At the risk of dating myself, does anyone remember that famous scene in When Harry Met Sally, when Meg Ryan feigns an orgasm in the middle of a diner? An older woman seated nearby takes in Ryan’s act, then eagerly tells the waitress, “I’ll have what she’s having.”
This is how I feel about Theo Epstein.
I’ll have what he’s having.
The Cubs are back in the National League Championship Series, folks. For the first time in their history they have reached the NLCS in consecutive years. And they did so last night with a wildly improbable 6-5 win over the San Francisco Giants, scoring four times in the ninth inning to erase a 5-2 deficit. That leaves Madison Bumgarner in the bullpen all winter, destroying any chance of further heroics from him this October.
Here’s the ultimate conclusion: the old Cubs would have lost this game, landed in Game 5, resurrected decades of torturous history after a historic season in which they were indisputably the best team in baseball. But the new Cubs? They win this game now, and they do so in dramatic fashion to continue a seemingly methodical march toward immortality.
At least for now.
In the middle of it all stands Epstein, who looks more and more like baseball’s chosen one following a night on which the Cubs were positively stifled by Matt Moore. Twelve years ago, Epstein helped the Red Sox over the hump to their first world title in 86 years, overcoming a 3-0 American League Championship Series deficit to the New York Yankees in the process. Three seasons after that, the Sox won another world title after overcoming a 3-1 ALCS deficit to the Cleveland Indians, showing the kind of determination and resiliency that seems indisputably evident in these Cubs.
After that win over Cleveland, Epstein stood near the home on-deck circle at fabled Fenway Park, acknowledging that a new generation of Boston players — from Dustin Pedroia to Jon Lester — would never have to deal with the burden of organizational failure because, well, the Red Sox weren’t losers anymore.
“That’s a great thing to have associated with your organization,” Epstein said. “It establishes a real culture of winning and overcoming obstacles throughout the organization. You can’t teach that.”
Are the Cubs headed there now? There are obviously still hurdles to clear. After Aroldis Chapman blew a save Monday night, the Cubs showed up on Tuesday for Game 4 and fell behind early. The Cubs tied the score at 1 before the Giants went ahead by scores of 3-1 and 5-2, and you could see fans squirming on the North Side (whine country?) all the way out in wine country.
And then this happened: a single by Kris Bryant, a walk by Anthony Rizzo and a double by Ben Zobrist. It was 5-3 with runners at second and third. Willson Contreras delivered a two-run single to tie the score before a Jason Heyward bunt and throwing error by Giants shortstop Brandon Crawford, then a go-ahead single by Javier Baez.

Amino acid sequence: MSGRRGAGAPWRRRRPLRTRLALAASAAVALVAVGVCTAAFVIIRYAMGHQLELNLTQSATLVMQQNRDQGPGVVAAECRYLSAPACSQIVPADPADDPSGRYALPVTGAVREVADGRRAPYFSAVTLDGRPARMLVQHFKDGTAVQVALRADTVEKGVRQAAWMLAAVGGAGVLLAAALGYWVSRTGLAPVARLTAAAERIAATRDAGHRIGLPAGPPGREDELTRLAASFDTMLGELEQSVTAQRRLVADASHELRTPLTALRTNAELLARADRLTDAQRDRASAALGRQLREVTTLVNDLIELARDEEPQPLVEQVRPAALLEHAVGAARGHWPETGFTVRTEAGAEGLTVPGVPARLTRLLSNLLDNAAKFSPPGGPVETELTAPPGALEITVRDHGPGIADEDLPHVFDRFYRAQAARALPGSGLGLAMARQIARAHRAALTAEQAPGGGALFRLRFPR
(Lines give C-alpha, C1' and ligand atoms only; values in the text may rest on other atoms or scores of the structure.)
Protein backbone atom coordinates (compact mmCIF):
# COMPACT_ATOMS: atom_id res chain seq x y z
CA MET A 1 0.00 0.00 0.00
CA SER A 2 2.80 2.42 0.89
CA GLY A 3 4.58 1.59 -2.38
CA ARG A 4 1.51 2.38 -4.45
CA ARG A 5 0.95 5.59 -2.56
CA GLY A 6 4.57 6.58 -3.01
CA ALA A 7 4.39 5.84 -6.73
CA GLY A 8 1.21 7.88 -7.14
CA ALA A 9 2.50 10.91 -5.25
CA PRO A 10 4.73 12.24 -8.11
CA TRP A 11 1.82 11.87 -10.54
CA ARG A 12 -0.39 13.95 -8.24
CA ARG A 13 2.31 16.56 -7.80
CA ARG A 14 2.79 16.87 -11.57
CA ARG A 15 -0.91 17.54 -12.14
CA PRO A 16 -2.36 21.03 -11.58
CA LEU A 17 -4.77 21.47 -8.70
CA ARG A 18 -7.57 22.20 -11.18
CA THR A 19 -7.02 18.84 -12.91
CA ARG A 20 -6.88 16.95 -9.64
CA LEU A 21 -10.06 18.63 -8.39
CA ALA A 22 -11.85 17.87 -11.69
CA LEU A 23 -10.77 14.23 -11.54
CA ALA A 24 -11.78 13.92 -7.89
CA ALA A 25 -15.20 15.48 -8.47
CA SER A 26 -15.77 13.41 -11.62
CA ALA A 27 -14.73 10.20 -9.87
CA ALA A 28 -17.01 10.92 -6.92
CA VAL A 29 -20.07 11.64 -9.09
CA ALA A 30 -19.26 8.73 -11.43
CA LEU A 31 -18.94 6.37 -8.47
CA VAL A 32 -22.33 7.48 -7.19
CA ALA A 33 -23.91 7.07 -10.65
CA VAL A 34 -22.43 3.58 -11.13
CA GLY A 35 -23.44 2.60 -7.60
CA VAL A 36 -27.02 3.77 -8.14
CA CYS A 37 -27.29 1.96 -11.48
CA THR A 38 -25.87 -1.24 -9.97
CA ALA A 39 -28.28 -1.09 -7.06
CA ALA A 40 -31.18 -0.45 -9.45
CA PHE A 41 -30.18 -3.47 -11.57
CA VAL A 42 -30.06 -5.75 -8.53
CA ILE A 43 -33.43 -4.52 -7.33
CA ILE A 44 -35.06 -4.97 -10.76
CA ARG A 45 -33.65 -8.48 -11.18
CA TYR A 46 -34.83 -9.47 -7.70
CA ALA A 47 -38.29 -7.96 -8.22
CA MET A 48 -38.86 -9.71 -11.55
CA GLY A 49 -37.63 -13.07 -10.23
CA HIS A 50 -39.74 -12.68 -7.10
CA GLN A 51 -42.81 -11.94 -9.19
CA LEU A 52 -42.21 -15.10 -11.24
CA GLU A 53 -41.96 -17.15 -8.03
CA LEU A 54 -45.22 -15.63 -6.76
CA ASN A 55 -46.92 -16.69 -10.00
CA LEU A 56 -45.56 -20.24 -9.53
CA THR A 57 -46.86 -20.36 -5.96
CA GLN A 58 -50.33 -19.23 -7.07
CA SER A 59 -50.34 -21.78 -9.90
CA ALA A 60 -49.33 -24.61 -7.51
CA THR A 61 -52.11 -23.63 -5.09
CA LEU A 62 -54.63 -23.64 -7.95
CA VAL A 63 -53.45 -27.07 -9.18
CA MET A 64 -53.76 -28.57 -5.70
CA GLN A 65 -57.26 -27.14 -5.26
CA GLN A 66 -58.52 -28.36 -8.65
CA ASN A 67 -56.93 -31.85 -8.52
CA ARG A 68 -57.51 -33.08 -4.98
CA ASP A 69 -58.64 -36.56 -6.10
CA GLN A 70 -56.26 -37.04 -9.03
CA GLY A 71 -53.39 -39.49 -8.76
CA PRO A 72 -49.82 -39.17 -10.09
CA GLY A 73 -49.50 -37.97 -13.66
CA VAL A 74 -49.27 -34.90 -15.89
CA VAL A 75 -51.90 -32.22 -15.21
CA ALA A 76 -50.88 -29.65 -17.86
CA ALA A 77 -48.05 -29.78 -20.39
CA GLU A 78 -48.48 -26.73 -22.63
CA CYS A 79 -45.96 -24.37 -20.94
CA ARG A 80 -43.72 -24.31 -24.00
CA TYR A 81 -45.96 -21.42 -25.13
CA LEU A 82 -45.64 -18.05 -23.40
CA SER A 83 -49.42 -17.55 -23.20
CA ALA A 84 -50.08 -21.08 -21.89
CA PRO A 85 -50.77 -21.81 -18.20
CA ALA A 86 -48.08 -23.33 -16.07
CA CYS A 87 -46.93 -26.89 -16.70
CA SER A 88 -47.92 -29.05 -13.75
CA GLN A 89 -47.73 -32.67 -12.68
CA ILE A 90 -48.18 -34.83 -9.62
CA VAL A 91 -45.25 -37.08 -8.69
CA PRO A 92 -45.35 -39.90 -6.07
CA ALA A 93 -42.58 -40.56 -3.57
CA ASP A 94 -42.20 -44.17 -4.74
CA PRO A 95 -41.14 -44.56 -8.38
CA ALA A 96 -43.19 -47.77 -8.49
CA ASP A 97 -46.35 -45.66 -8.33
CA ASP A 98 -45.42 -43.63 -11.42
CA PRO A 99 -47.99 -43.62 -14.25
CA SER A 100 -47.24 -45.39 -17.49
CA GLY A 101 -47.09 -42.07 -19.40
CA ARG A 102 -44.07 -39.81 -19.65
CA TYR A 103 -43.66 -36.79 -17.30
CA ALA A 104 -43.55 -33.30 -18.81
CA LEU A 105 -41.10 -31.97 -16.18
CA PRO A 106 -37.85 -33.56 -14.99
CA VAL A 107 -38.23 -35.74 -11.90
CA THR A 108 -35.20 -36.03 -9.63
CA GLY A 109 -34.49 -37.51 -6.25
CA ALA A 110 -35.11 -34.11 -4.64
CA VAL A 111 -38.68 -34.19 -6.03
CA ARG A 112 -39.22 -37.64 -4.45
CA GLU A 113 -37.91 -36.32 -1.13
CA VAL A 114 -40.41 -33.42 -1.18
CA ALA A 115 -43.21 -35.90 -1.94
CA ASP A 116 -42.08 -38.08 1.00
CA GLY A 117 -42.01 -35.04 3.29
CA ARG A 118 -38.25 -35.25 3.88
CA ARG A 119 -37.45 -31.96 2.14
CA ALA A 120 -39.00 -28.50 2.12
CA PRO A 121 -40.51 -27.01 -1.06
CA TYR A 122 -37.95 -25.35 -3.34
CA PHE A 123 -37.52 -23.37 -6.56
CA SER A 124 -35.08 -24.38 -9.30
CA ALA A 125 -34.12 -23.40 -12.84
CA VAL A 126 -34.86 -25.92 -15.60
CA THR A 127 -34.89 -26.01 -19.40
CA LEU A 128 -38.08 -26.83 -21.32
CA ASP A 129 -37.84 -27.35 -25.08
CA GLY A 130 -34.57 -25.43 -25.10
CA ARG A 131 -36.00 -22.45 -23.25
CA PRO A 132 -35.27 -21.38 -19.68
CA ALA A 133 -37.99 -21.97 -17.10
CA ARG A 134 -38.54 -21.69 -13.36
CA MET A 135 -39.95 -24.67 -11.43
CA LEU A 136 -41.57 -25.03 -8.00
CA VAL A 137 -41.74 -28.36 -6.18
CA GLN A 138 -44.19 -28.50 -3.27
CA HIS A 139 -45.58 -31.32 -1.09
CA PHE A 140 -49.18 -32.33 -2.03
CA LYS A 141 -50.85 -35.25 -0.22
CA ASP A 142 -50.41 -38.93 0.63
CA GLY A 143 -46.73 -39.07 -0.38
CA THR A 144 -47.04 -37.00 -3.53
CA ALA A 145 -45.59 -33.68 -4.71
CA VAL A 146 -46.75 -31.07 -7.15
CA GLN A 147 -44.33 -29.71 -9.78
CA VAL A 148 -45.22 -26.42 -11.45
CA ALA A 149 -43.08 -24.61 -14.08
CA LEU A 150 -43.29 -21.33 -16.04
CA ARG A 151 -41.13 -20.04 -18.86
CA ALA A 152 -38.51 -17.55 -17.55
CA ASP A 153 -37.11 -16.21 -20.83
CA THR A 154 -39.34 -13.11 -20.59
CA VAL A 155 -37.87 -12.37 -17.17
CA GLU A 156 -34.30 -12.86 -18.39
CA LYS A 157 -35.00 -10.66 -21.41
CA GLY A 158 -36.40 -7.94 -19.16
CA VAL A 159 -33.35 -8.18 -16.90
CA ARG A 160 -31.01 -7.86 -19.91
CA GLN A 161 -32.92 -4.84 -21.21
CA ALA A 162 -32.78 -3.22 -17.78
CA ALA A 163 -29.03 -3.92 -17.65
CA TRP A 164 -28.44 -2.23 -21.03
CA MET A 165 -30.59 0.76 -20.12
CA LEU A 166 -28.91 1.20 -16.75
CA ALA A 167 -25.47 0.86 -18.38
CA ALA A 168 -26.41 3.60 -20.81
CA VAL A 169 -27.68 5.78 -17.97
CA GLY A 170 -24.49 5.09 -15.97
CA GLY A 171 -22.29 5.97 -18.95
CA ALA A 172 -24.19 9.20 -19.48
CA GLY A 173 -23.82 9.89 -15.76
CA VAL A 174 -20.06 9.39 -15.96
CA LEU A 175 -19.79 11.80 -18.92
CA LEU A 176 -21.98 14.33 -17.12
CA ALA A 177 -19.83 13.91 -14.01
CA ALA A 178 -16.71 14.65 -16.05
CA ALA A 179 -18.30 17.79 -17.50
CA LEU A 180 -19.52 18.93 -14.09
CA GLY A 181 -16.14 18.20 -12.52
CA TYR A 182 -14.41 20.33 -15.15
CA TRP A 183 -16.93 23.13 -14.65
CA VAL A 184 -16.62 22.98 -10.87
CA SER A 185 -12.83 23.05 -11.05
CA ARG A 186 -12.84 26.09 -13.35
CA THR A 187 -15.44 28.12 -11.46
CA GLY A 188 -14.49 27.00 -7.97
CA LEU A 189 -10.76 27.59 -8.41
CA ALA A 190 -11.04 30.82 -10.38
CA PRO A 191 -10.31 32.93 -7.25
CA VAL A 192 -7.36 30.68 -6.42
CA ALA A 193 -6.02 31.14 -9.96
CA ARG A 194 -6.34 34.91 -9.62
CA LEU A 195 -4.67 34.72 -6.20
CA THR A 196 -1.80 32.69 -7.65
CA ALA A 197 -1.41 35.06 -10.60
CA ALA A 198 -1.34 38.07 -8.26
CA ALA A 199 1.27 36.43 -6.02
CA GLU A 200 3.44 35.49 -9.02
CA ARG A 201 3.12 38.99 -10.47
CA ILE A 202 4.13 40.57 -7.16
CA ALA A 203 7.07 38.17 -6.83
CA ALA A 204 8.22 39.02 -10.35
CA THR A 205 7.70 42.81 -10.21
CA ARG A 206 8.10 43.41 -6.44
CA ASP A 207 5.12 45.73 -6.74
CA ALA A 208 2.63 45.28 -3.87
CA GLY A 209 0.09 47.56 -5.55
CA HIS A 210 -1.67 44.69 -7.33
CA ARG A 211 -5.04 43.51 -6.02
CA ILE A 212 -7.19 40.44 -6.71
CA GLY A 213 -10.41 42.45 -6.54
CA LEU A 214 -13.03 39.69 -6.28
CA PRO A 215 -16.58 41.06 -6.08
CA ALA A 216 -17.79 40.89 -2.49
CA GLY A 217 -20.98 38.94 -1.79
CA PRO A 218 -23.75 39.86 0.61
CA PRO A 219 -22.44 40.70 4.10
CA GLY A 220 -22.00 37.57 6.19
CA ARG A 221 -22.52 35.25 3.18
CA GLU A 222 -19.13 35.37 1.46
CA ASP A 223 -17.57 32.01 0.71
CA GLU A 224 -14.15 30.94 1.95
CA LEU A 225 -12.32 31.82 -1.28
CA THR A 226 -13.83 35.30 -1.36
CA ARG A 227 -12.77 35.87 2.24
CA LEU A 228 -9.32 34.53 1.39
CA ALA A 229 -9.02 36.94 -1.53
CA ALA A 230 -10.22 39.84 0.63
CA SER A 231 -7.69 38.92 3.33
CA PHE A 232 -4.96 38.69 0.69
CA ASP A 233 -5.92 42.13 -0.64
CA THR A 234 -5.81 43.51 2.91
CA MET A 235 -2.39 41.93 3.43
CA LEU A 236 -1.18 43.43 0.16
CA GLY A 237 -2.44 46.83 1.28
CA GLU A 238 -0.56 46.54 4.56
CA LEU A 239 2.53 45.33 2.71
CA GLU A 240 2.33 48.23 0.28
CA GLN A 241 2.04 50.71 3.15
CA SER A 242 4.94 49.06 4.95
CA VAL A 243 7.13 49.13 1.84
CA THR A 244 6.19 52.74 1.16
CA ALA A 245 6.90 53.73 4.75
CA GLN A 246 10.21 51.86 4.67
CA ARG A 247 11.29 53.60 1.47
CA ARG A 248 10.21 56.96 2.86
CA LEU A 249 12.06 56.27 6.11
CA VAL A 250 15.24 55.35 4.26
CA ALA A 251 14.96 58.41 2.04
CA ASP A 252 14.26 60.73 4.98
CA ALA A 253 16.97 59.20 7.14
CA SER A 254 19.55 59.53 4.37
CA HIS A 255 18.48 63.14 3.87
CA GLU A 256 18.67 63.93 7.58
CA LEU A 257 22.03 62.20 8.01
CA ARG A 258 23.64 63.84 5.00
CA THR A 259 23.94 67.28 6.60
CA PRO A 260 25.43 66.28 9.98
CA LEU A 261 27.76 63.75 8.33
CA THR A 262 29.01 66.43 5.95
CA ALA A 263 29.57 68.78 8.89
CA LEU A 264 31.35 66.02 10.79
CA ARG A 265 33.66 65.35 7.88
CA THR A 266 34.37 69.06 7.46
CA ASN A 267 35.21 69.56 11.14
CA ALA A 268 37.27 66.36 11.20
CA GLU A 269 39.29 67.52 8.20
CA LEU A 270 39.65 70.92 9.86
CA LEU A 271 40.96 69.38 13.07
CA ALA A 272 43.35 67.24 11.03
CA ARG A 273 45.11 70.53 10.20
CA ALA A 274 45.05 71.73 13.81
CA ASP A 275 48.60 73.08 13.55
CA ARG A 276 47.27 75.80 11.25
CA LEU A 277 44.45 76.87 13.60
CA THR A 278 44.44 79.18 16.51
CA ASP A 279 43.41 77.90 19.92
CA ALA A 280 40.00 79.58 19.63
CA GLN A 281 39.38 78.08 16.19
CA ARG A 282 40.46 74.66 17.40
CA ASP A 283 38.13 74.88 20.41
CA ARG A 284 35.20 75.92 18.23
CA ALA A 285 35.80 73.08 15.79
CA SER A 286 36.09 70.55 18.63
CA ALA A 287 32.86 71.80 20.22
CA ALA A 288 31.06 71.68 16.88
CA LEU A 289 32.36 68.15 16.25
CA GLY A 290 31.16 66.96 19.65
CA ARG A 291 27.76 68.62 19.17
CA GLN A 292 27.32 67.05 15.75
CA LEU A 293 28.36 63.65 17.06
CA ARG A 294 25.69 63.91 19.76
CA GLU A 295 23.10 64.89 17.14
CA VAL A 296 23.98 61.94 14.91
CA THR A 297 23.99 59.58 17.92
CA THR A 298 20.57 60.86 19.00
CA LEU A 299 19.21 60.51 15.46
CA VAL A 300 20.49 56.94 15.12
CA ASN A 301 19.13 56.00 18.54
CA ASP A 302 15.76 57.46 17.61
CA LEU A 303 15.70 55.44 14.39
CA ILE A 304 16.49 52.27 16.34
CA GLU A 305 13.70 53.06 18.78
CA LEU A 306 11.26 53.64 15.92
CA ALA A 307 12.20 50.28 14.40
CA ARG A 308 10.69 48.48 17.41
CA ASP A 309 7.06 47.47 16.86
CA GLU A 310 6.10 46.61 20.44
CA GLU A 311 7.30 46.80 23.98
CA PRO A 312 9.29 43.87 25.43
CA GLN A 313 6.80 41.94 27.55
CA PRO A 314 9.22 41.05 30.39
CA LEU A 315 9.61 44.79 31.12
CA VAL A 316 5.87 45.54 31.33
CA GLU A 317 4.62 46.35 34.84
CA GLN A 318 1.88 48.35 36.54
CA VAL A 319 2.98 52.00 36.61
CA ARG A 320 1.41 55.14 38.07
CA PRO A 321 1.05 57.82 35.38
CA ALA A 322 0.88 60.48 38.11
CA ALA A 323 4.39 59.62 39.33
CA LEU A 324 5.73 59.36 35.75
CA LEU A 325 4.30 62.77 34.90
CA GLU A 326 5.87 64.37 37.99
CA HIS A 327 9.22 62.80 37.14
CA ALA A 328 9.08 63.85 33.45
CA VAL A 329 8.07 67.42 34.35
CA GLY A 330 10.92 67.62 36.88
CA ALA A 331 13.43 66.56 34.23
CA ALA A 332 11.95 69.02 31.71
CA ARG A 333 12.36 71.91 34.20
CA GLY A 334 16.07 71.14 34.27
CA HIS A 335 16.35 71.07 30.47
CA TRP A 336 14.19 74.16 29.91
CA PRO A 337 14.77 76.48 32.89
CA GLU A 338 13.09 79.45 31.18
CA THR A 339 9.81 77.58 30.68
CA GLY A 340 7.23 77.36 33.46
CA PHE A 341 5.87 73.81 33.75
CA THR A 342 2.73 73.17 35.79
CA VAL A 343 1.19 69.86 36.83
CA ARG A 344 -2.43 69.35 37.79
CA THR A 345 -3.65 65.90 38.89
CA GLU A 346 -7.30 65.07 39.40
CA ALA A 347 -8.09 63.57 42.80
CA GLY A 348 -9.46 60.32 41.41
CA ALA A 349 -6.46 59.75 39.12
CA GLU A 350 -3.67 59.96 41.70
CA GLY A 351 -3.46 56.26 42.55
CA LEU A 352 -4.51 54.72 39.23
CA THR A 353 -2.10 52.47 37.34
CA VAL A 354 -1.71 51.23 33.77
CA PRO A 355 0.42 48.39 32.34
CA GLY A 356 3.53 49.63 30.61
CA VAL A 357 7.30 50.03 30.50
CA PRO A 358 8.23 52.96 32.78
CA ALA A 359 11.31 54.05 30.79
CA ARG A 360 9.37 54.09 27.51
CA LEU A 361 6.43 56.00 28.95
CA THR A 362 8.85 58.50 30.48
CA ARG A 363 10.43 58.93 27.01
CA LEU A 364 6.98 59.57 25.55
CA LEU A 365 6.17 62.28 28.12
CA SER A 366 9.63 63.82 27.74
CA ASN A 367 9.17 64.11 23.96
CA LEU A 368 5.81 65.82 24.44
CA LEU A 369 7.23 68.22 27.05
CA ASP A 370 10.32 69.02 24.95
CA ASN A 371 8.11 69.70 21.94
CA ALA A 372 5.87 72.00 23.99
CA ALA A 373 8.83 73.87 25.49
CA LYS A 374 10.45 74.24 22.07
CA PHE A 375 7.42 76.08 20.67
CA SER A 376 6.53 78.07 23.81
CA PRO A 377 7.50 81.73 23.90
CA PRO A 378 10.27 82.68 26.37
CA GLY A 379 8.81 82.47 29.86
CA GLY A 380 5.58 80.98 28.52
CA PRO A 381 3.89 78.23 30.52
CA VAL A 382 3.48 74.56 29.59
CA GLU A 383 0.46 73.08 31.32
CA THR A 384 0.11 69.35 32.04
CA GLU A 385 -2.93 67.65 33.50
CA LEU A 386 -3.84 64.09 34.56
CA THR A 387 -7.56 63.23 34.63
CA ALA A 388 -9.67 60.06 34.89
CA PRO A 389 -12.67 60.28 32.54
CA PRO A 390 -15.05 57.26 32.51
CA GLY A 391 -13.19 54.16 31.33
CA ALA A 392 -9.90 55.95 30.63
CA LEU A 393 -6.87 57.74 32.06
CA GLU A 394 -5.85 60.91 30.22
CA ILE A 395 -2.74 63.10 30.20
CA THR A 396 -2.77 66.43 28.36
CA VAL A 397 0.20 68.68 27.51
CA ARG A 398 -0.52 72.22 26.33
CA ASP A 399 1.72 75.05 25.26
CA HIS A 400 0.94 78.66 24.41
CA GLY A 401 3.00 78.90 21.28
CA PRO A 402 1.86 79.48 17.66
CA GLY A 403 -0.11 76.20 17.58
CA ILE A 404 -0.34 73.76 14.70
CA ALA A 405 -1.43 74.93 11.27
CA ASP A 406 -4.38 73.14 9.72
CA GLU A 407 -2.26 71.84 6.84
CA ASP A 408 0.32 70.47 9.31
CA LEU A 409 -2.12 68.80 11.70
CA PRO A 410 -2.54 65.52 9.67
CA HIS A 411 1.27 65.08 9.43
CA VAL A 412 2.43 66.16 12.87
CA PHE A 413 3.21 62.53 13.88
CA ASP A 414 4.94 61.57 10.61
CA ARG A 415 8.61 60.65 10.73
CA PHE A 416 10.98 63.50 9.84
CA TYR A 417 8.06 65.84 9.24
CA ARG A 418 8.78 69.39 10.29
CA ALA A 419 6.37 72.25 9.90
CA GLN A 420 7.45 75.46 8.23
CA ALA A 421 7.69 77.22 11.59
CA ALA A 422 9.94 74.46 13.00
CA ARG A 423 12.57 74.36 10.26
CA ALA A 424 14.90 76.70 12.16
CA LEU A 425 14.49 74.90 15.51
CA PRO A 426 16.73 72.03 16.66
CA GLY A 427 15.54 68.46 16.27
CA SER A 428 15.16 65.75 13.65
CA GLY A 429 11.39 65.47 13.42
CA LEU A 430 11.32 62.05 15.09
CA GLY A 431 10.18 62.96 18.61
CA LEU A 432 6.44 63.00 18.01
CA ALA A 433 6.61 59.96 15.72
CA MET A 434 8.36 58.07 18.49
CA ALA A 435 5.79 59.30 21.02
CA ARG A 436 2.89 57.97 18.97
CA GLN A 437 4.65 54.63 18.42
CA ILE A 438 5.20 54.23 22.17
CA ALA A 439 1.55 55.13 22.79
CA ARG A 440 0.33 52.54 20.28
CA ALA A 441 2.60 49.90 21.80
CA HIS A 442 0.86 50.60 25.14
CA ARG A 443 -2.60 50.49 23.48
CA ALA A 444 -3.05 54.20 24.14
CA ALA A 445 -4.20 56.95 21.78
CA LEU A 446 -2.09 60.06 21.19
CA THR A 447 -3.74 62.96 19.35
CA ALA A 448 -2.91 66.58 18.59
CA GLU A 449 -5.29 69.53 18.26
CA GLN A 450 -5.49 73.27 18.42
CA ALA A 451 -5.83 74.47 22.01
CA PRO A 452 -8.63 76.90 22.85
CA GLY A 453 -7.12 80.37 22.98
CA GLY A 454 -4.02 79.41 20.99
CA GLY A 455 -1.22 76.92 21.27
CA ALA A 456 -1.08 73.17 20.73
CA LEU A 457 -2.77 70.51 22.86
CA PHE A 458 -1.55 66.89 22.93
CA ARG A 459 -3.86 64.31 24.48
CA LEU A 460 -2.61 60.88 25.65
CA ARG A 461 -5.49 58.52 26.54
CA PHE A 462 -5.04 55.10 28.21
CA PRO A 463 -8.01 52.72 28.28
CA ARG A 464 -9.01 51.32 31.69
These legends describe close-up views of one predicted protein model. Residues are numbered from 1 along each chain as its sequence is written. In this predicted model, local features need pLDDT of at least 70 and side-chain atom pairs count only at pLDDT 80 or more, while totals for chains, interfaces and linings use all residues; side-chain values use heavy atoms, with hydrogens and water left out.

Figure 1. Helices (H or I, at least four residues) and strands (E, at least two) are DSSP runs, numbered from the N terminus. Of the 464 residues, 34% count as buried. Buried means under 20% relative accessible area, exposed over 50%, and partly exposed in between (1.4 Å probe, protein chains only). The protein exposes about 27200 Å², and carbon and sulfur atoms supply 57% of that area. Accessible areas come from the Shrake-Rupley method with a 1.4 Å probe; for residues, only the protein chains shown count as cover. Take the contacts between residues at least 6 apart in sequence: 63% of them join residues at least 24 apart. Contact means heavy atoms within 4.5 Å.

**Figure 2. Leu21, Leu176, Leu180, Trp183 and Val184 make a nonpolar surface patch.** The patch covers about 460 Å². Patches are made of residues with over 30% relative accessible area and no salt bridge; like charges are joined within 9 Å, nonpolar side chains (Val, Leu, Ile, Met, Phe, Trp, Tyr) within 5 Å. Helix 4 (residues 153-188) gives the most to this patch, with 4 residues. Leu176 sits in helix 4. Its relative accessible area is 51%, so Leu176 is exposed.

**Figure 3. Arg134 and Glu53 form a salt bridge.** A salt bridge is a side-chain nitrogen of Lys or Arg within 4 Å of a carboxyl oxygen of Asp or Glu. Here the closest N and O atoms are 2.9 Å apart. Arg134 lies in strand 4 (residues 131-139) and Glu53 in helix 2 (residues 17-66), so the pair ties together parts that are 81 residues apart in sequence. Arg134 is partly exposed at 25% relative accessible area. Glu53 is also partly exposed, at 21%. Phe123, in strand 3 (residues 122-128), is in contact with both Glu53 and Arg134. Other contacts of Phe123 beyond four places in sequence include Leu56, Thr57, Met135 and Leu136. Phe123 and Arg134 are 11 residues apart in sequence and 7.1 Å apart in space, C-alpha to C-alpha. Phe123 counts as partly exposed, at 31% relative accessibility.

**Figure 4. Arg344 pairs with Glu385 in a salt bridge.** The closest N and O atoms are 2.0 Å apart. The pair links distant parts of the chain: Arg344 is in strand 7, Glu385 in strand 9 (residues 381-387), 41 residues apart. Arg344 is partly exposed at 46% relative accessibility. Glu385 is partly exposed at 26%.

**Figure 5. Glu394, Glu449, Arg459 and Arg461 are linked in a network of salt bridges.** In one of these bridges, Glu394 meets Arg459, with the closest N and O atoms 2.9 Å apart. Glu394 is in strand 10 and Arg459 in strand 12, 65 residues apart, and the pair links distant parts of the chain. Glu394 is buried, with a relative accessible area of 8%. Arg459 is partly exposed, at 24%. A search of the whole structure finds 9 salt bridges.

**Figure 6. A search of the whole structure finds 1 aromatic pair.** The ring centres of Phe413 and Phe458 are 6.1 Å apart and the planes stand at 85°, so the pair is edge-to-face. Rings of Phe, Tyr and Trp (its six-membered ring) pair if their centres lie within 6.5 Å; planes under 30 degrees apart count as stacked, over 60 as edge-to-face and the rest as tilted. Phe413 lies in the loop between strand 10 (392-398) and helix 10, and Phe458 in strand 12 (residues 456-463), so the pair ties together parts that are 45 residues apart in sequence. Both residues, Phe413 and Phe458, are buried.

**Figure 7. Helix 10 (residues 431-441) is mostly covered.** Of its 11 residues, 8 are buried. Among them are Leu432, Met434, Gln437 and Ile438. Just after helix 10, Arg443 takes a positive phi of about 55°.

Twenty-two pitches, six batters, five runs. And just like that the Cubs were in the NLCS.
“Nobody really cares in [the Chicago clubhouse] about a curse or a goat or anything else,” former Red Sox pitcher and current Cubs ace Lester told reporters after last night’s win. “If we make a mistake, we’re not going to blame it on a curse or anything else like that. We’re going to blame it on ourselves and be accountable for it and move on to the next play or the next moment. … We’ve got too many young guys in there that don’t even know what that stuff is, you know what I mean? So, it’s almost better to play naive and just go out and worry about us, worry about the Cubs and not anything else in the past or, like I said, any animals.”
Lester would know, of course. He was the very first draft pick of the new Red Sox in 2002. He was reared in a winning culture that knew nothing else.
That’s the same culture Epstein and the Chicago Cubs might soon possess.
Tony Massarotti is an avid Boston sports fan and has covered sports in Boston for more than 15 years for both the Boston Herald and Boston Globe. He now serves as a co-host on afternoon drive on 98.5 The Sports Hub in Boston. He was a two-time Massachusetts Sportswriter of the Year as voted by his peers and has written four books, including “Big Papi,” the New York Times-bestselling memoirs of David Ortiz. You can follow Tony @tonymassarotti.